By the end of this course, students will be able to…
- identify some of the most important philosophical theories of democracy, epistocracy and political participatory rights
- identify and comparatively evaluate strengths and weaknesses of particular theories of democracy, epistocracy and political participatory rights
- distinguish between arguments for and against restricting voting rights, on the one hand, and arguments for and against moral principles of ethical voting, on the other hand
- distinguish between the moral obligations of voters, legislators, executive agents and judges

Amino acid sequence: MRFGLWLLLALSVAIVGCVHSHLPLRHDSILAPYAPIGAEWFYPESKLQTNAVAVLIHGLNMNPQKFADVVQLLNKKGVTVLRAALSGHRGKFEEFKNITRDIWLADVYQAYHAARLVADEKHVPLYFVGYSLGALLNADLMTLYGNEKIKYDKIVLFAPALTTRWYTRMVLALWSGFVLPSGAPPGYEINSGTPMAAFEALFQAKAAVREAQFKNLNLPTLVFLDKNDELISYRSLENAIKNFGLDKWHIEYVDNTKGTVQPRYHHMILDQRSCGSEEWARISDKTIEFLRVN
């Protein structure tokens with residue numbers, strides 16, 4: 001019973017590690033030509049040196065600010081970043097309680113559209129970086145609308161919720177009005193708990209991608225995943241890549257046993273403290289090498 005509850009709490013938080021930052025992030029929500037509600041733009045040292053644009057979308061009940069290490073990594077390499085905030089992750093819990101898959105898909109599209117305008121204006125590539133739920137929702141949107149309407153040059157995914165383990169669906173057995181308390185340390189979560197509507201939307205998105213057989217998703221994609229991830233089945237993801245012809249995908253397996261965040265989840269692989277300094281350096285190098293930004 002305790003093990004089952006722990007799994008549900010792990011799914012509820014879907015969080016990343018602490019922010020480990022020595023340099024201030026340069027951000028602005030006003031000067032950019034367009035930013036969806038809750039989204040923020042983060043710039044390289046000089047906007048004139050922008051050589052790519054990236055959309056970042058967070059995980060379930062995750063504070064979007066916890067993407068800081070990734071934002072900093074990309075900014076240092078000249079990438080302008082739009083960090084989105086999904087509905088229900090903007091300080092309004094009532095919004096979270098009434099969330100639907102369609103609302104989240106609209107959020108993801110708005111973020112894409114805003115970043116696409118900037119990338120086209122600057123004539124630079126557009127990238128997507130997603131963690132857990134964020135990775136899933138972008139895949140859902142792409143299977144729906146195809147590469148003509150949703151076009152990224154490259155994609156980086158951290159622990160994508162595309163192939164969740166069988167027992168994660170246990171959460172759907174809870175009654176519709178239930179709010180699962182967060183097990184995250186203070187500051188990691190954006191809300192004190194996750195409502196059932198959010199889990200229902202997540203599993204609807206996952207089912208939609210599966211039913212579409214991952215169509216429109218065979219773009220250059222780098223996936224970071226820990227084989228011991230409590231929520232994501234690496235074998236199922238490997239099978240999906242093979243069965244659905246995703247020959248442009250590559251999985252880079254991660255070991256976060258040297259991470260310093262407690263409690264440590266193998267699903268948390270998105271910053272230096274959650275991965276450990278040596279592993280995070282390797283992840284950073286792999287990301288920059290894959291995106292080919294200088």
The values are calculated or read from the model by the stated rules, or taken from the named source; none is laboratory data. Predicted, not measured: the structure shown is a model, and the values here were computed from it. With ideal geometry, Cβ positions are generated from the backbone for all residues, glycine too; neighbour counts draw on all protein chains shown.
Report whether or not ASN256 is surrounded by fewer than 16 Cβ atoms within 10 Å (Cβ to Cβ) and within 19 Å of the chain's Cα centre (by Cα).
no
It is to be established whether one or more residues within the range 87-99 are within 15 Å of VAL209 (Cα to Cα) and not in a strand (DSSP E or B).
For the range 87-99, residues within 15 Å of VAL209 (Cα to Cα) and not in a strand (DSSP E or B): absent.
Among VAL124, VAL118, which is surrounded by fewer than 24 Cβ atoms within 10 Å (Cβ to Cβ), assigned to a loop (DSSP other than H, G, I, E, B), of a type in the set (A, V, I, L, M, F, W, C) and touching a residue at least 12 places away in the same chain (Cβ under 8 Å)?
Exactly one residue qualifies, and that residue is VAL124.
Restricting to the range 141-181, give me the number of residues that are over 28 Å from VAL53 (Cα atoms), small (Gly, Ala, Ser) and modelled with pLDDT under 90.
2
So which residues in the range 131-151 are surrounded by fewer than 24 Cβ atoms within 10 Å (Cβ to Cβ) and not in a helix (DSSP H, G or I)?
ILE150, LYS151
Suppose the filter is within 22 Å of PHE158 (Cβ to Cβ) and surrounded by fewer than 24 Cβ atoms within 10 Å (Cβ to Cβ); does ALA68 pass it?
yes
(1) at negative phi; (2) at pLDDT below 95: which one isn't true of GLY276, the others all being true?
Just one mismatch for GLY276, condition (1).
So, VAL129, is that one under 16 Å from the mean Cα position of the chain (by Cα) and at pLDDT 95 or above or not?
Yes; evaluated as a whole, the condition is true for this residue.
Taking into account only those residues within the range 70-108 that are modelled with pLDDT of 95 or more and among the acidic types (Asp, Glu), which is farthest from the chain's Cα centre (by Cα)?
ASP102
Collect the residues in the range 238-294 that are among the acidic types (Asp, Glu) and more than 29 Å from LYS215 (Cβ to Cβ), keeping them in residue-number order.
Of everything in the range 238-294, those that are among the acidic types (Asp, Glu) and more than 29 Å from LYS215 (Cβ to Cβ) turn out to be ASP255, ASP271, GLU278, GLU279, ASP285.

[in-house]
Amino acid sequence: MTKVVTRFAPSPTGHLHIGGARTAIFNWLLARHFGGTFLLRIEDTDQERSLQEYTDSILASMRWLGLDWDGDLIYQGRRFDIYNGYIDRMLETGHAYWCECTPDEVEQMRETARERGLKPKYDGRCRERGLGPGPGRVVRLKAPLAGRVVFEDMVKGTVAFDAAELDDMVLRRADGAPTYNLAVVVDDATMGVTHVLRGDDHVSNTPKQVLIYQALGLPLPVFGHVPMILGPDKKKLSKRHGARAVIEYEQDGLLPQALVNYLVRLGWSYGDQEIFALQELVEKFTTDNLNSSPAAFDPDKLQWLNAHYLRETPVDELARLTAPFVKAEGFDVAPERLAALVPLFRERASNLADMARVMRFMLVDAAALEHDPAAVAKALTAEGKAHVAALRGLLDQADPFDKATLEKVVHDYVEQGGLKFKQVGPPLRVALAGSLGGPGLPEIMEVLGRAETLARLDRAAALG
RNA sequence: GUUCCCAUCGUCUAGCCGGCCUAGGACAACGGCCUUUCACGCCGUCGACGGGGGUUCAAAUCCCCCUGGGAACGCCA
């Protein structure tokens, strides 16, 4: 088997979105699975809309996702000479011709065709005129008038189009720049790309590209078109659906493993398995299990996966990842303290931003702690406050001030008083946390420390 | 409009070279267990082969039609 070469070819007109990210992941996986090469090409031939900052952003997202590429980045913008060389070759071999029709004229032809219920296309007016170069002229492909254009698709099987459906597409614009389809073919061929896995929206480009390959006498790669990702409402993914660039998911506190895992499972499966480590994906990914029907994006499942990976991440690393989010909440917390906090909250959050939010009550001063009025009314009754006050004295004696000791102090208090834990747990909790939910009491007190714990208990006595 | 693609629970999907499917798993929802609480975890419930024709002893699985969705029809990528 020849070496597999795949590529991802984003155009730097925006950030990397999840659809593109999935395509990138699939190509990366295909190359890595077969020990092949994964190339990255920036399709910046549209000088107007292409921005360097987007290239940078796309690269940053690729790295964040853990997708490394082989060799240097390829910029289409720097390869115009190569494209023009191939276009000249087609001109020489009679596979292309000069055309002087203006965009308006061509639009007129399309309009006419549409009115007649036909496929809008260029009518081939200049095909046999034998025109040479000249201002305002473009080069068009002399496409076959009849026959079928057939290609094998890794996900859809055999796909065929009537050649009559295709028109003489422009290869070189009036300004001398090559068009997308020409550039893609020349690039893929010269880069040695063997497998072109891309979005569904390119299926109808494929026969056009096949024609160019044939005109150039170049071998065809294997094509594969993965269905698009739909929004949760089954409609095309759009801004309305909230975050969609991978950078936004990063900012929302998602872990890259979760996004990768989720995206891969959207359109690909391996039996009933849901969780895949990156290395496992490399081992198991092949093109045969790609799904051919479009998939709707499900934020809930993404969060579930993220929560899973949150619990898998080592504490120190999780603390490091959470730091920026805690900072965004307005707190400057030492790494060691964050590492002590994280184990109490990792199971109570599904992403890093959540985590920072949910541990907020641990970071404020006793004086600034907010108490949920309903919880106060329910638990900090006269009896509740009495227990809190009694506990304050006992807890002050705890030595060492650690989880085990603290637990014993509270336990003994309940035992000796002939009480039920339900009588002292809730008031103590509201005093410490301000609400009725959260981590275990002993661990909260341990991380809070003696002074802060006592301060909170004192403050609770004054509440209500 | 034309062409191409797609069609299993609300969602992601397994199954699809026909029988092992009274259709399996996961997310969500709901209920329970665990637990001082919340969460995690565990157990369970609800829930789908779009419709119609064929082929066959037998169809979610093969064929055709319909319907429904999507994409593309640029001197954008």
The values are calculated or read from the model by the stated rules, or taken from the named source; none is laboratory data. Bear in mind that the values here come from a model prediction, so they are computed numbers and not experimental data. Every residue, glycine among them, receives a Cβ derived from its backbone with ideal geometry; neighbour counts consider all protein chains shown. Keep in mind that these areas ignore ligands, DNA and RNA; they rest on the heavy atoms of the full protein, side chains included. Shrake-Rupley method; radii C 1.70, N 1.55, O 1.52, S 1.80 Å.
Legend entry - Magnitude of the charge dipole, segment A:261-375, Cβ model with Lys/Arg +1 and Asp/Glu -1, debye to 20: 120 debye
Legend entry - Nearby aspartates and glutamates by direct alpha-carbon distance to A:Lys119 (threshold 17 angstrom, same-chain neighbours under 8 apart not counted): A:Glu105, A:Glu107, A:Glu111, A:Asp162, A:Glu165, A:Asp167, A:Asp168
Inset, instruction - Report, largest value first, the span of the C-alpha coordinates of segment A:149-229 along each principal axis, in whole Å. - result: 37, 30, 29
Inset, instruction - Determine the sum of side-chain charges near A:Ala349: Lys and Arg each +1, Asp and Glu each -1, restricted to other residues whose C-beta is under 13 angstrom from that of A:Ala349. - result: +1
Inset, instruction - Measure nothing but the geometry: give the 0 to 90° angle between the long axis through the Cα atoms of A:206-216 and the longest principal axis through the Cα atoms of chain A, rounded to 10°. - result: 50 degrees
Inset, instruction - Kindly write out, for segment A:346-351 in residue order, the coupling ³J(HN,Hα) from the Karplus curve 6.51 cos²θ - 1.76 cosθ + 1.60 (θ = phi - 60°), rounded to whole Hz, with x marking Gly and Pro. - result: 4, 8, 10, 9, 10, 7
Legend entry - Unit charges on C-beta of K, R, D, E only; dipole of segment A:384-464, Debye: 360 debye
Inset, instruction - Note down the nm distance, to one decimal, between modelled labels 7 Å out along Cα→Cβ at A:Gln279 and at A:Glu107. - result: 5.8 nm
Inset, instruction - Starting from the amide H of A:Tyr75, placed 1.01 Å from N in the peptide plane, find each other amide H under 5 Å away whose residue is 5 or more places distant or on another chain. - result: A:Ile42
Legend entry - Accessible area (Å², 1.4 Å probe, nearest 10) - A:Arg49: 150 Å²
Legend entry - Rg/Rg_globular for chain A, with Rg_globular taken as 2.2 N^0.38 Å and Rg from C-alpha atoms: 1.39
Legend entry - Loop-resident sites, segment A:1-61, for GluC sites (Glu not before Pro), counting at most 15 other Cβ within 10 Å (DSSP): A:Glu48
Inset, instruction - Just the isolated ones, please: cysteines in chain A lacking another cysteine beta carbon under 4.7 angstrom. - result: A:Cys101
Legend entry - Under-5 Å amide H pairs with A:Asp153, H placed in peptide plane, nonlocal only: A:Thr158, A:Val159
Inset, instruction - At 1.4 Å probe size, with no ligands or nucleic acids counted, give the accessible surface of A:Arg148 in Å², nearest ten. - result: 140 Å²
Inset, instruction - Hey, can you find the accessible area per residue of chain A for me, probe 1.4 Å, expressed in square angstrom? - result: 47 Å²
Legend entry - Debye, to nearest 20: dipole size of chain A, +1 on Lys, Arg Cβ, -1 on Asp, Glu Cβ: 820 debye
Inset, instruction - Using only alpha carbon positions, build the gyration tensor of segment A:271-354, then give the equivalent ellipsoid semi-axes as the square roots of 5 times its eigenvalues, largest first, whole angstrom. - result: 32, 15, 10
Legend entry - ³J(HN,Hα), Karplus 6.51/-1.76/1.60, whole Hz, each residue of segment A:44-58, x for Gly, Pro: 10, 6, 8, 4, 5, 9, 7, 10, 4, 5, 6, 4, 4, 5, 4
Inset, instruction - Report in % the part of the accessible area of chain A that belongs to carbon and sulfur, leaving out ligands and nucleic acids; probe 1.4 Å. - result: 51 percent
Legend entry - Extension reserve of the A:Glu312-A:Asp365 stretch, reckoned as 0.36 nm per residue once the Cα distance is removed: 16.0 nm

- reconstruct and criticize some of the most important arguments for and against democracy, for and against restricting the right to vote on grounds of competence or education, and for and against the most important theories of ethical voting and political responsibilities The Rule of the (In)Competent: Democracy, Expertise and Competence in Political Theory Fall 2017 2
- apply concepts, arguments and theories from the study of democratic theory, and political theory more broadly, in the evaluation of real-life political institutions, electoral regulations, and the behavior of political actors
- apply concepts, arguments and theories from the study of democratic theory, and political theory more broadly, in order to clarify and evaluate arguments for and against populism and technocracy
- apply results in the political economy of information and voting in political theory